“The big stone. The substance we’re all made of. You, me, Emily, Polly, Matthew, everybody.”

At his car, Sid stops and turns to Marv. He takes a deep breath. “Okay. You can come with me if you stop with this. Throw the gravel away. I’m just asking you to please shut up now.”

Marv nods and doesn’t say another word. He drops the stones on the ground, wipes his hand on his jeans, and gets into the car. He senses waves of sadness emanating from Sid, silent in the driver’s seat next to him, and he feels his own separate sorrow, wishing he could have been helpful. But as they cruise the bleak streets of the city, his mind cannot stop toying with the feel of pebbles in his palm.

Thursday, August 12, 2010

Craft + Heart + Truth + Philosophy

An exchange of comments on Jim Murdoch’s blog set me thinking about what I want to read and what I want to write -- about my own standards for “good fiction.” This is not a new subject of contemplation for me. When I was editing the literary journal Prima Materia, I established three elements that were required in the work I published: Craft, Heart, and Truth. In the years since, I’ve decided to add another one: Philosophy.

My definitions of those terms are, of course, my own. They are entirely subjective and are always evolving. You may have different definitions, or entirely different criteria. Whatever works for you is valid.

Craft: Skillful technique. Confident, effective use of the writer’s tools -- vocabulary, grammar, syntax, rhythm, pace, structure, even punctuation. This is essential, bottom line.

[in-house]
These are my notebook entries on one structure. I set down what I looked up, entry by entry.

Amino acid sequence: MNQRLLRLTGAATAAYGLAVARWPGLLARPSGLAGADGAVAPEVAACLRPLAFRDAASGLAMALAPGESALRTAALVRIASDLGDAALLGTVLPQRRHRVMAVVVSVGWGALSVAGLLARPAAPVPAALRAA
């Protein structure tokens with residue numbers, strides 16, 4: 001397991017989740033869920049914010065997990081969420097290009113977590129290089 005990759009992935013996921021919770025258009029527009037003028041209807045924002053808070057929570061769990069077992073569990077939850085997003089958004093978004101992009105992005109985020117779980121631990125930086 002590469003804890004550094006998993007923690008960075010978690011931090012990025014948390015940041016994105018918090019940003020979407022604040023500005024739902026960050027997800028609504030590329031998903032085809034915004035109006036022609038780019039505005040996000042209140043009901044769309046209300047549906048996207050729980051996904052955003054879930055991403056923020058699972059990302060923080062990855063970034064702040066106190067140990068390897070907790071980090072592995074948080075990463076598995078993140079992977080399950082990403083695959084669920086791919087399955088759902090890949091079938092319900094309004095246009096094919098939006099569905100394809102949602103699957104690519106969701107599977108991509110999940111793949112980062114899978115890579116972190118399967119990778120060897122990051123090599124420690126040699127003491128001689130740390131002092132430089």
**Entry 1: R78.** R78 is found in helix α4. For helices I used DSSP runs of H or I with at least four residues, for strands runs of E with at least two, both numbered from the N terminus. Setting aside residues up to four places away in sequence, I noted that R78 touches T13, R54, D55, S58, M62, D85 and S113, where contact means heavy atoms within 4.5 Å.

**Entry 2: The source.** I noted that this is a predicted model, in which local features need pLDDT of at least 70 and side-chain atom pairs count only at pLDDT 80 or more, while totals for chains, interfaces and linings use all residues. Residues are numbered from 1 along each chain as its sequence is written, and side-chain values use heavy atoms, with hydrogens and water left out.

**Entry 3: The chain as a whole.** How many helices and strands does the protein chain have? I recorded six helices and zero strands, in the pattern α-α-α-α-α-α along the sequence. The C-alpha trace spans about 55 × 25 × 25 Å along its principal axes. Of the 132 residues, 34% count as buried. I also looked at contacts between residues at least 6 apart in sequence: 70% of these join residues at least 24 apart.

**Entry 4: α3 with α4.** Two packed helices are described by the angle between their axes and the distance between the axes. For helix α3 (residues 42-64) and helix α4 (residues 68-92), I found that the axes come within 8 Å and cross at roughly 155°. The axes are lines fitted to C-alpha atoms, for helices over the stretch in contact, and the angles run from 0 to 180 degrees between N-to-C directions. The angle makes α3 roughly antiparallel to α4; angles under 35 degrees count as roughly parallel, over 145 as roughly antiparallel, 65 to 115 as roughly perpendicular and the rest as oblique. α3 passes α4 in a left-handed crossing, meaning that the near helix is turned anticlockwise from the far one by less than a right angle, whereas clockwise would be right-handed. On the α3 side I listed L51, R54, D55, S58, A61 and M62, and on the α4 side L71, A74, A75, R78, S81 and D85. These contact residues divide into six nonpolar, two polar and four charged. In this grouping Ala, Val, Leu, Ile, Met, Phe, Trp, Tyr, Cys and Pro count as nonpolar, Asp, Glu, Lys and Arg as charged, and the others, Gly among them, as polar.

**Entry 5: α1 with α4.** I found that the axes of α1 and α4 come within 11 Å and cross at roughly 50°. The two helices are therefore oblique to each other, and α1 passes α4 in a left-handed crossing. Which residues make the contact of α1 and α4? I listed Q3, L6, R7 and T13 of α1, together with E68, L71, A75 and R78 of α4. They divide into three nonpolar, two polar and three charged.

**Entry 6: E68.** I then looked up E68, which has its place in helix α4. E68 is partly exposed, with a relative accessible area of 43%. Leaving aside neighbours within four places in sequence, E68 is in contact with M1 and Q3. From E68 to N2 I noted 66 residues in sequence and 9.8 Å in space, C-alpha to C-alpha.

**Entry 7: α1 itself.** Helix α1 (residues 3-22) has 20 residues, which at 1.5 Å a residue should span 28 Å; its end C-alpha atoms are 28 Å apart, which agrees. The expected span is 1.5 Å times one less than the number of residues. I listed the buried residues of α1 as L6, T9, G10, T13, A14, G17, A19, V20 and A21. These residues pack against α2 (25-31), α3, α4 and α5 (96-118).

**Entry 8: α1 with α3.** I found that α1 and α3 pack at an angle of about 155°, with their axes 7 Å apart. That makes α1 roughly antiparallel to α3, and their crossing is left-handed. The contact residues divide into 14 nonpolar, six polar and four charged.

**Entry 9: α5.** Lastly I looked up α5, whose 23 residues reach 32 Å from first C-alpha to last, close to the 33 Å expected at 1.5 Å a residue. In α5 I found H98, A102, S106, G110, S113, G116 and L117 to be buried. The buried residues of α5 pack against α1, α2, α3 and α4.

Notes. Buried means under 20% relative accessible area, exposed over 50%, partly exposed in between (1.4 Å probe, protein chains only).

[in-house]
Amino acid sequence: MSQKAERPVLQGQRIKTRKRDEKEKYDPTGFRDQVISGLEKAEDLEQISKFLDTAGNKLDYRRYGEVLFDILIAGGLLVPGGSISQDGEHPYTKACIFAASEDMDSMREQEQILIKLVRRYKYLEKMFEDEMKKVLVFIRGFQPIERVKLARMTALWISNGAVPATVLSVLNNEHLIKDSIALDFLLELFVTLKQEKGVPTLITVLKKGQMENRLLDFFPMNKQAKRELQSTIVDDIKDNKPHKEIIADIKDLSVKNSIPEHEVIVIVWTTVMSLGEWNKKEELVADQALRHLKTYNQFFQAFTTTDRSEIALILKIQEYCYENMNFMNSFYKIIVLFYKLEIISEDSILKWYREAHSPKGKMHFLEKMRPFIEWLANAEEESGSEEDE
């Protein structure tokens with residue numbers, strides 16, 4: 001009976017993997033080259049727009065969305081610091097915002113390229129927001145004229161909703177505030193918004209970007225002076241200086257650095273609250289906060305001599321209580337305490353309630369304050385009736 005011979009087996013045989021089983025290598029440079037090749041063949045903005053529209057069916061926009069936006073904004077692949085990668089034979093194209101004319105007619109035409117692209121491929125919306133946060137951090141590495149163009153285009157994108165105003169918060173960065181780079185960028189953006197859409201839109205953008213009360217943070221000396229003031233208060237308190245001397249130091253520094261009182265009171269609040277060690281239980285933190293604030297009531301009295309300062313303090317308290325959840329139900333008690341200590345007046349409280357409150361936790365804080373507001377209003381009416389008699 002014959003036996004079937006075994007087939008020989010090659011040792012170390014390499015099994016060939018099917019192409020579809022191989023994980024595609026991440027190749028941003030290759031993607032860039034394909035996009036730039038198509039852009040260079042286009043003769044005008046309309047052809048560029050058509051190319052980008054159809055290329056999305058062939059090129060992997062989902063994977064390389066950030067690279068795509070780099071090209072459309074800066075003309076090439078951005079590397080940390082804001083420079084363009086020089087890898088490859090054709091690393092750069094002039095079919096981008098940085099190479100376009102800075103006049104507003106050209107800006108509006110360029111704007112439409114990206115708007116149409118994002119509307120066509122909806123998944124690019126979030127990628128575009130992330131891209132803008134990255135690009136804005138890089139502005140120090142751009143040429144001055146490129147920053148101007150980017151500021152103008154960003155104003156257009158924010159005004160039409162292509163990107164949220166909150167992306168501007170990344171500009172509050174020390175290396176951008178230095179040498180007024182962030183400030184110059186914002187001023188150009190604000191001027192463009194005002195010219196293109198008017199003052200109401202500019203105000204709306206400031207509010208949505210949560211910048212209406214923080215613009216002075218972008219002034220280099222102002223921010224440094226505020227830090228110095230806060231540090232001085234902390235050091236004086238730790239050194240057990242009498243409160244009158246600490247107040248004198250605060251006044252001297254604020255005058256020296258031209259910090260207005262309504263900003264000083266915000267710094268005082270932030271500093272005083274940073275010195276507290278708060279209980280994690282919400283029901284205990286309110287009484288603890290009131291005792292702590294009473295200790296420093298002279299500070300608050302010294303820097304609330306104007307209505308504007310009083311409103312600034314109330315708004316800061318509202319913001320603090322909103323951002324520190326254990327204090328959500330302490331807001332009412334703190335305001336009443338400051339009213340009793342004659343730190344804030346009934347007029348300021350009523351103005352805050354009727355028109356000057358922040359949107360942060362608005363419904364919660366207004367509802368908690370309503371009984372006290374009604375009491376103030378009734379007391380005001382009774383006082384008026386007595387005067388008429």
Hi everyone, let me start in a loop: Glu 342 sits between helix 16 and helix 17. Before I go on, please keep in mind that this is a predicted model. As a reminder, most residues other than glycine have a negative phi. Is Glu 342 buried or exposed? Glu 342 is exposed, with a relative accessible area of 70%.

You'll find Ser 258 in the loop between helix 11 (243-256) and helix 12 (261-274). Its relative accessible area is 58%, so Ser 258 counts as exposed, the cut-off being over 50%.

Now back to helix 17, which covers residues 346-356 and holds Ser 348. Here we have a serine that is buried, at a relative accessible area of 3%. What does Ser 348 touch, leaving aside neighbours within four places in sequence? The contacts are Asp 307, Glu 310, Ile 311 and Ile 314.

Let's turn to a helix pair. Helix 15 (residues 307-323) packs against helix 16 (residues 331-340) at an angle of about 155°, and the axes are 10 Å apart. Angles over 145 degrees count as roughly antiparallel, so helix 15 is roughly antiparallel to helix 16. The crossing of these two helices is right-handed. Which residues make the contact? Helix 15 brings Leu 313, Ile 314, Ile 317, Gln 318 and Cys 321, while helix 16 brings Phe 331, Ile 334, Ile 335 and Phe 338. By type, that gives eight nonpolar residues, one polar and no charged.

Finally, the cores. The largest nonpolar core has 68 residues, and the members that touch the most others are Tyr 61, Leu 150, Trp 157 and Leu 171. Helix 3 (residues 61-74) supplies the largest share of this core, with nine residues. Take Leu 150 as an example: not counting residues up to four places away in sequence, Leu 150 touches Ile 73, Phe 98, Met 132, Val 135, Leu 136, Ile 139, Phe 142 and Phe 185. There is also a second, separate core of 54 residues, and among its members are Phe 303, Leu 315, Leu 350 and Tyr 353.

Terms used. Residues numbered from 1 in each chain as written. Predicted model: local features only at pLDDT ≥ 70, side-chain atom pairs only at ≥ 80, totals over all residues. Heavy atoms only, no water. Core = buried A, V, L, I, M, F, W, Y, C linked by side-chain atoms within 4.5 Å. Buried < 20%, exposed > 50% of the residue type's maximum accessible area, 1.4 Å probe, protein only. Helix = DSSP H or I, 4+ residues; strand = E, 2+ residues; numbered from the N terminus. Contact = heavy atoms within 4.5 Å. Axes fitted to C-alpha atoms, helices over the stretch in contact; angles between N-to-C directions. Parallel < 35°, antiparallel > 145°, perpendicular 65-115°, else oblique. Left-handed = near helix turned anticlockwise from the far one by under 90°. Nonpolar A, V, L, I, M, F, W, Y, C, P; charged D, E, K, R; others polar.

Heart: Compassion for the human condition, empathy with one’s imaginary characters. An acknowledgment of the emotional component of experience, in balance with the physical and intellectual.

Truth: A sense of honesty or authentic communication, in which the author is not showboating or sacrificing believability for manipulative ends. This is not related to “facts” or “non-fiction.”

Philosophy: An underlying idea or worldview, especially when it feels like an enriching, exciting discovery. Best when under conscious control by the author, although frequently is a side-effect.

Somewhere at the intersection of these four streets is where I want to stand as a reader and as a writer, and where I tried to land with my collection, The Principle of Ultimate Indivisibility. Perhaps my reader-self can let go of Philosophy occasionally. My writer-self can too, but then I find myself wondering, why bother? Storytelling is fun, but I feel compelled to serve something greater. And I get creative juice from “deep” ideas, the more esoteric the better. I’m on a path that includes group therapy and a little light study of nondualism and quantum physics, and I’m often excited to capture in my fiction all the awesome stuff I’m learning.

The main problem with this Philosophy thing is that it can too easily slide into over-concern with Theme, or even into Pedantry (oh, the horror!). So I keep in mind the truths expressed by Thomas McCormack in this essay,‘Theme’ and Its Dire Effects (thanks to Mark Barrett of Ditchwalk).

Any ideas on the subject you want to share? I’d love to hear ‘em.